- sleeping medications
- herbal supplements such as St. John’s wort
Talk to your doctor about how you can safely use muscle relaxants if you:
- are older than 65 years
- have a mental health problem or brain disorder
- have liver problems
Doctors can use certain medications to treat spasticity even when the drugs are not approved for that purpose by the U.S. Food and Drug Association (FDA). This is called off-label drug use. The following drugs are not actually muscle relaxants, but they can still help relieve symptoms of spasticity.
Benzodiazepines are sedatives that can help relax muscles. They work by
Examples of benzodiazepines include:
- clonazepam (Klonopin)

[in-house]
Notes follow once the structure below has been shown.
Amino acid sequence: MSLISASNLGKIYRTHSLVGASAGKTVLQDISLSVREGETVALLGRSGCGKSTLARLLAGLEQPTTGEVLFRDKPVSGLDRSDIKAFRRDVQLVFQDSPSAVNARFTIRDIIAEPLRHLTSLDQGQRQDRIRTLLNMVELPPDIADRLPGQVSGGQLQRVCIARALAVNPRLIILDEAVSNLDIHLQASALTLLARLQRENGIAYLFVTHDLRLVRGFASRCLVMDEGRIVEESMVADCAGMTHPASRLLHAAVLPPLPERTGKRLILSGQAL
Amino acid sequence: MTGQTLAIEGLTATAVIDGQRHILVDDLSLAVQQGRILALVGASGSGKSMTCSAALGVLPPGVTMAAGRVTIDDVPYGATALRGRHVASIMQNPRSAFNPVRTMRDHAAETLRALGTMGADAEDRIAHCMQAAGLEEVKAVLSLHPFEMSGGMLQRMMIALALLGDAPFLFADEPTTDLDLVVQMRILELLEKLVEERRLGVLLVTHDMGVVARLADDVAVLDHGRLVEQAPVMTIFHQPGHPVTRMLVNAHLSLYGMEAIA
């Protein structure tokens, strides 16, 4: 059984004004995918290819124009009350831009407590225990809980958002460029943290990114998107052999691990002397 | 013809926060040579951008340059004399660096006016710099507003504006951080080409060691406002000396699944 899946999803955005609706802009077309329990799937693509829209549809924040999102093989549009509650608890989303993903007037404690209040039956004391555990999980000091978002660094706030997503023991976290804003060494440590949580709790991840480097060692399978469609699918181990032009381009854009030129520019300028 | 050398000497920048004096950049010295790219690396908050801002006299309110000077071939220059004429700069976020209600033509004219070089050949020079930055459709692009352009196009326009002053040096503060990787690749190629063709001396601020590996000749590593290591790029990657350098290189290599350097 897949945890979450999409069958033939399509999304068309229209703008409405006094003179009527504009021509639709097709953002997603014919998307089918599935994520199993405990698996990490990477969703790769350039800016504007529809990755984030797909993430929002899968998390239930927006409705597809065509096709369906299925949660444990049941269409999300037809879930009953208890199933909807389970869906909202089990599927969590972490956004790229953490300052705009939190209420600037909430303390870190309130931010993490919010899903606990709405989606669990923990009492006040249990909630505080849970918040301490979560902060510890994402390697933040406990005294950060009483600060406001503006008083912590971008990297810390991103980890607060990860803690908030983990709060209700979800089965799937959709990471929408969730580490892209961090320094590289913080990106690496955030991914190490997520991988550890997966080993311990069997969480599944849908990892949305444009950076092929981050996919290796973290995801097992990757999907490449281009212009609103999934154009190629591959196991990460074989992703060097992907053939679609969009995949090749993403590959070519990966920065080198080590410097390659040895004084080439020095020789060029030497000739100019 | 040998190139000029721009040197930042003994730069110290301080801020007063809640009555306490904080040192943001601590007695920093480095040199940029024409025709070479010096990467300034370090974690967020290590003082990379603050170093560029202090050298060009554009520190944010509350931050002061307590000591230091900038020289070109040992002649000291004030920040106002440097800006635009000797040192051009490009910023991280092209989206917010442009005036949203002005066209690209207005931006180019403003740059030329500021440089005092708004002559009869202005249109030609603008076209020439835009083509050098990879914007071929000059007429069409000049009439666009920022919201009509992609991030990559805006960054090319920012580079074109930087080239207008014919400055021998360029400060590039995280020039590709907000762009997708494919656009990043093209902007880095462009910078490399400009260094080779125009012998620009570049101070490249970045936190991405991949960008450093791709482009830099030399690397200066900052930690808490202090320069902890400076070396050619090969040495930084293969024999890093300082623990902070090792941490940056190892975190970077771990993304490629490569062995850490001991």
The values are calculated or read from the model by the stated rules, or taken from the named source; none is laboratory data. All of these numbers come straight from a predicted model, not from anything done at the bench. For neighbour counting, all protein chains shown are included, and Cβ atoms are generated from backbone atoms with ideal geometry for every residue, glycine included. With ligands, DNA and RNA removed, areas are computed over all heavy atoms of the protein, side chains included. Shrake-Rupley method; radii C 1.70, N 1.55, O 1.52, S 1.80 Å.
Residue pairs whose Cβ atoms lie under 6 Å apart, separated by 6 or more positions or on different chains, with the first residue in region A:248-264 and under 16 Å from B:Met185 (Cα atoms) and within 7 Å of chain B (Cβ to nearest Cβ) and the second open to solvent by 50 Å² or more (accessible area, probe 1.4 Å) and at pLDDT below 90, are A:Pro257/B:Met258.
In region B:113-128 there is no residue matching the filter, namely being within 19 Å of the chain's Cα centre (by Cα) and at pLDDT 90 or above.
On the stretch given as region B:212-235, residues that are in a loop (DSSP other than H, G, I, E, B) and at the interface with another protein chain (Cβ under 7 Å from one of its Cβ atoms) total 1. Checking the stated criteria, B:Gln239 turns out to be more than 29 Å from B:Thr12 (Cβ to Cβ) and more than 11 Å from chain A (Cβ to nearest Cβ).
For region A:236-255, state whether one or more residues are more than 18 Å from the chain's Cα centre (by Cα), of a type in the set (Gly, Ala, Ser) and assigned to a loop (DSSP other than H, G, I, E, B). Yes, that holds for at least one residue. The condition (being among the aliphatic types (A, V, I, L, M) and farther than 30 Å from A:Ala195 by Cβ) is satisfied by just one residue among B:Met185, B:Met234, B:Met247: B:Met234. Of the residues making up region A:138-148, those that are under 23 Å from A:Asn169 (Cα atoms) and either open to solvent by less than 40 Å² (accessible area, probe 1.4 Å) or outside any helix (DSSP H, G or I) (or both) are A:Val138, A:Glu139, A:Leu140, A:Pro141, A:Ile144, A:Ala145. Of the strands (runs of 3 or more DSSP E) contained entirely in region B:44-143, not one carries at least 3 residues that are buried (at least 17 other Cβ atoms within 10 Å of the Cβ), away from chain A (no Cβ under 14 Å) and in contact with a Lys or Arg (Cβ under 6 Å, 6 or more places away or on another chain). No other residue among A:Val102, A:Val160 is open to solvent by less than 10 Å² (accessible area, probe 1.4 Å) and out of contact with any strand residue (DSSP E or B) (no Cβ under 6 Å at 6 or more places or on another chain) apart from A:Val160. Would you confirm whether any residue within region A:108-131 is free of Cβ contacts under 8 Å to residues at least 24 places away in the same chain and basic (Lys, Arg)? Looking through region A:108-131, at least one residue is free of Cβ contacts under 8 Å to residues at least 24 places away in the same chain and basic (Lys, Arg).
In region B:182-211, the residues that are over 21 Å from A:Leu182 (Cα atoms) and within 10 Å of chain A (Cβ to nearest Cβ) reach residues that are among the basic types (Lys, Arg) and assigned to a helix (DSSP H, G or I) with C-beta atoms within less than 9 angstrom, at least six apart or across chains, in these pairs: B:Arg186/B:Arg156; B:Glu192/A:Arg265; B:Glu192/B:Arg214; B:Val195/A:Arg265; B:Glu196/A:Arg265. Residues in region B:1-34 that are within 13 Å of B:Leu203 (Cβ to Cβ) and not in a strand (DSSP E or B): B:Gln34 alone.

- lorazepam (Ativan)
- alprazolam (Xanax)
Side effects of benzodiazepines can include drowsiness and problems with balance and memory. These drugs can also be habit-forming.
Gabapentin (Neurontin) is an anticonvulsant drug
OTC treatment is recommended as first-line therapy for muscle spasms caused by conditions such as acute lower back pain or tension headache. This means you should try OTC treatments before prescription medications.
OTC treatment options include nonsteroidal anti-inflammatory drugs (NSAIDs), acetaminophen, or a combination of both. Your doctor or pharmacist can help you choose an OTC treatment.
Nonsteroidal anti-inflammatory drugs (NSAIDs)
NSAIDs come as oral tablets, capsules, or suspensions. They also come as chewable tablets for children. Side effects of these drugs can include upset stomach and dizziness.
Examples of NSAIDs include: